Should We Invite People To Church Or Send People From Church?

The word “church” means “assembly” or “congregation”. It is about a group of people coming together. As such, the word church implies that there is a centripetal nature to it. Centripetal is defined as, “the force that is necessary to keep an object moving in a curved path and that is directed inward toward the centre of rotation”. That is, there is an inward attraction to the nature of church which draws people from the outside to come in and be part of it.

The Lord said, “If I be lifted up, I will draw all people to myself” (John 12:32). We see this in the Old Testament, at the high point of Israel’s history in the reign of King Solomon, with the nations streaming in to Jerusalem to see the glory of the kingdom of God and to learn of the wisdom of the God of Israel. We see a glimpse of this occurring again in Zechariah’s prophecy of a day when “Many peoples and strong nations shall come to seek the Lord of hosts in Jerusalem and to entreat the favour of the Lord. Thus says the Lord of hosts: In those days ten men from the nations of every tongue shall take hold of the robe of a Jew, saying, ‘Let us go with you, for we have heard that God is with you.’” (Zechariah 8:22-23). We see a glimpse of this described occurring in the New Testament church gathering, when an unbelieving observer witnesses the church gathered and “he is convicted by all, he is called to account by all, the secrets of his heart are disclosed, and so, falling on his face, he will worship God and declare that God is really among you” (1 Corinthians 14:24-25).

There is a centripetal force to the kingdom of God. One of the first questions people ask when you start attending a new church is how many people go to it. Commonly when you miss church and someone else gives a report on the church service, one of the first pieces of information they will give you is how many people attended that morning. It is natural for us to be interested by the gathering of God’s people. There is an attractiveness and joy in the collective gathering of God’s people and it is wonderful when we naturally want to invite others to be part of it.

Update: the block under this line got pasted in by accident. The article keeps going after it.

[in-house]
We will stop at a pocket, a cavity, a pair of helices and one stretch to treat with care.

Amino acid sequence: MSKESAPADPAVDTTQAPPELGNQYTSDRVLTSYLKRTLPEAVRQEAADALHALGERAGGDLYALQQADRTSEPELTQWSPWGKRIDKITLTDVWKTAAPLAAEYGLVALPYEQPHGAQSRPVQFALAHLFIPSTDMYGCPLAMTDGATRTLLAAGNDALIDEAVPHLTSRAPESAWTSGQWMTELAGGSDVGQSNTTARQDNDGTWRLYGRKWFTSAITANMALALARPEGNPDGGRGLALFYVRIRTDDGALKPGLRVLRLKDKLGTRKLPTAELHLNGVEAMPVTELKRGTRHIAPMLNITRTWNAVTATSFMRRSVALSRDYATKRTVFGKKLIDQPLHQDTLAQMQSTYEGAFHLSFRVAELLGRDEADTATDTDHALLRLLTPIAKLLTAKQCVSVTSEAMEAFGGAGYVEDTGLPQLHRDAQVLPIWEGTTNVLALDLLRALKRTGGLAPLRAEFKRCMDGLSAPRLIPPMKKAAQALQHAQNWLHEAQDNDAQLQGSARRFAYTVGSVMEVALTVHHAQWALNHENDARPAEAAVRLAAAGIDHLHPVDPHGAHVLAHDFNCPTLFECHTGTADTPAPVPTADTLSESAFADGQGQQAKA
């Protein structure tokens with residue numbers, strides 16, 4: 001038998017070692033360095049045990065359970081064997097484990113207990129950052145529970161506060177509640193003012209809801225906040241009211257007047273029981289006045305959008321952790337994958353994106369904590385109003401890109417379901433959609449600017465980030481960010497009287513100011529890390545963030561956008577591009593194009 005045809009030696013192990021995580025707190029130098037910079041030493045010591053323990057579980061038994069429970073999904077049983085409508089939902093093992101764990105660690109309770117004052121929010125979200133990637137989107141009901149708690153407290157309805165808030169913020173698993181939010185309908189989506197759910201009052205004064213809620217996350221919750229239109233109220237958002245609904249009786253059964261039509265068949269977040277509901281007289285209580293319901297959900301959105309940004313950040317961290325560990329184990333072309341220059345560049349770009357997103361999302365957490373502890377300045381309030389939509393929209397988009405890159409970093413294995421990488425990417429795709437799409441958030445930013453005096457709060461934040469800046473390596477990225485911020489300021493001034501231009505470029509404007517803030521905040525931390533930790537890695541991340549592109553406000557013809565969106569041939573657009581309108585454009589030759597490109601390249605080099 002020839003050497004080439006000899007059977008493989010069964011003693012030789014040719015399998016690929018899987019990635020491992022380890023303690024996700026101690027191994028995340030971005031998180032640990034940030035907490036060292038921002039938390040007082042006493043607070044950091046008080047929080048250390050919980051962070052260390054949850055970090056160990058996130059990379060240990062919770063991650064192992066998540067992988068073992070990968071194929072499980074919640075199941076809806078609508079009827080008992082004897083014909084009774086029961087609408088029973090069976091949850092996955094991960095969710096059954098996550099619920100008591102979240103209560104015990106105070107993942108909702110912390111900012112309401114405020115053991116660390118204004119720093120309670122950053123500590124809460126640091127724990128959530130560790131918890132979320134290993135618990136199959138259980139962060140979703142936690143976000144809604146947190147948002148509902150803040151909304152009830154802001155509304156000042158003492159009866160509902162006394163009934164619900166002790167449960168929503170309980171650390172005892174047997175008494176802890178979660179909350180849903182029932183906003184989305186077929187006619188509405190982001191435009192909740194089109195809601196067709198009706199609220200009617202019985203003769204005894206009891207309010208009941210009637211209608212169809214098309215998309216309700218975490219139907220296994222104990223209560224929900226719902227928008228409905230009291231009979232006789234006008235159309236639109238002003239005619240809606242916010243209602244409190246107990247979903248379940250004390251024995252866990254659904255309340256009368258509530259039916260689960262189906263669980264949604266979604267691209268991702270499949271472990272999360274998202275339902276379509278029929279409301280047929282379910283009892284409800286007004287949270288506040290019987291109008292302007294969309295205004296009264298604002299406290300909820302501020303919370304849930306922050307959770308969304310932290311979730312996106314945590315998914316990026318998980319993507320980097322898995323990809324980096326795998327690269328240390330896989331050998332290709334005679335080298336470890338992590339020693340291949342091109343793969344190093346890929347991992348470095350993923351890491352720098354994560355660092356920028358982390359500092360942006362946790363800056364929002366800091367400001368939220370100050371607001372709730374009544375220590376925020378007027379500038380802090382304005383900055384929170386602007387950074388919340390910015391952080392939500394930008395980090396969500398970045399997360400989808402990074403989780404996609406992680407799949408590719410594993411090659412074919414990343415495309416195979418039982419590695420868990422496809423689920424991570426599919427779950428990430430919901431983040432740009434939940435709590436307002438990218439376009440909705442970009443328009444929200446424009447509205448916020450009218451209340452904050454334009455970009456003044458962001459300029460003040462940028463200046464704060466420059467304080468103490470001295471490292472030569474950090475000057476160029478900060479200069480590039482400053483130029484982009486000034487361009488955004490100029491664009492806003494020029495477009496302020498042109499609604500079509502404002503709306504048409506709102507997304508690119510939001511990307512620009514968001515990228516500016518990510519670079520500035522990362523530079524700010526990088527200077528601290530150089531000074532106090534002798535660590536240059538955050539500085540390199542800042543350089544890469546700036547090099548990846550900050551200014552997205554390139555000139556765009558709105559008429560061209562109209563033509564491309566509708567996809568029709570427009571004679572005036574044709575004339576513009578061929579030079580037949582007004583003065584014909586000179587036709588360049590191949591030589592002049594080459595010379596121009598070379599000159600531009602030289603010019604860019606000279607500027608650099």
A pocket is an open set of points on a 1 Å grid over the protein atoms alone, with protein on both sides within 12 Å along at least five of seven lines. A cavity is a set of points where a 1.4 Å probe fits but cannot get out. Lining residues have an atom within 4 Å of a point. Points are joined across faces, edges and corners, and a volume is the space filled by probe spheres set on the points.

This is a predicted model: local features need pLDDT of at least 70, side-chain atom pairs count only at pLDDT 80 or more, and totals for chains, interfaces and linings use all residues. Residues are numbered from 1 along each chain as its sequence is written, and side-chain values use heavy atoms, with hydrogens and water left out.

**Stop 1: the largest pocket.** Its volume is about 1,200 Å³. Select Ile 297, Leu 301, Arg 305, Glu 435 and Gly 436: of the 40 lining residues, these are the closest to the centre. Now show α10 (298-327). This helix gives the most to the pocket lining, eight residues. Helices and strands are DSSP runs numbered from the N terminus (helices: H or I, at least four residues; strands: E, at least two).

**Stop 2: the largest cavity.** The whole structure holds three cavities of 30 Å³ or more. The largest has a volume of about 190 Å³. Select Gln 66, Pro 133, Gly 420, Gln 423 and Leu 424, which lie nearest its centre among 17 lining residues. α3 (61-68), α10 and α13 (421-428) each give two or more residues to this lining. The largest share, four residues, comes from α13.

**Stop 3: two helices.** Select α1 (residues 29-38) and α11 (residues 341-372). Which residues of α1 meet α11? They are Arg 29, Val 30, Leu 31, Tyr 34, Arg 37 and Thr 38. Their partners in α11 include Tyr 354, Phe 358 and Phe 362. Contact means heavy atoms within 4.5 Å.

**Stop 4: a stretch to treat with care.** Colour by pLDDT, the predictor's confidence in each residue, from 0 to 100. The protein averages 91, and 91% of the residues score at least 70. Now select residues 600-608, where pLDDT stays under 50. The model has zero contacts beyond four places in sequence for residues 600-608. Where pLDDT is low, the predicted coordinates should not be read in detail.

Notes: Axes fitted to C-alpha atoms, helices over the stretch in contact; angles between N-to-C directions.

However, there is also a centrifugal impulse of God’s kingdom. Centrifugal is defined as a force felt by an object moving in a curved path outward from the centre of rotation. God not only gathers his people from a place of scattered into the collective body of Christ, He also sends out his people to bring his blessing to the nations, empowered by the Holy Spirit. He sends Abraham from Ur to found the people of God in the land of Canaan. He sends Moses from 40 years in the wilderness back to Egypt to challenge the might of Pharaoh. God sent his prophets to speak to his people. He says to Isaiah, “Whom shall I send? Who will go for us?” (Isaiah 6:8). He says to Ezekiel, “I send you to the people of Israel, a nation of rebels” (Ezekiel 2:3). He sends Jonah to bring a word of repentance to the people of Nineveh. Of course, God sends Jesus His own precious Son to us, to come and live among the dust of earth with frail humanity. And then Jesus sends his disciples. He says, “As the Father has sent me, so now, send I you” (John 20:21).

There is a balance required in stimulating both the centripetal and centrifugal activity in kingdom ministry. We need to build a warm, inviting and edifying gathering centre where new Christians can be established in their faith and established Christians be nurtured and refreshed from their times of ministry. However, Christians need also to be sent out from the comforts of our church walls to engage in ministry work out in the real world where there are the realities of broken people struggling with family breakdowns, drug addictions, illiteracy, poverty, demonic oppression, and strident unbelief. Sending out missionaries from our churches to impact our local community and beyond should not be a rare exception, but rather a central part of the church’s regular operation.

Engage is a ministry engaged in stimulating both the centripetal and centrifugal impulses of God’s kingdom. In reaching out to some of the least reached people groups of the world, of course the centrifugal impulse predominates. But we are also very interested in seeing the establishment of strong and attractive communities to nurture new Christian’s faith and equip them for new missional expansion.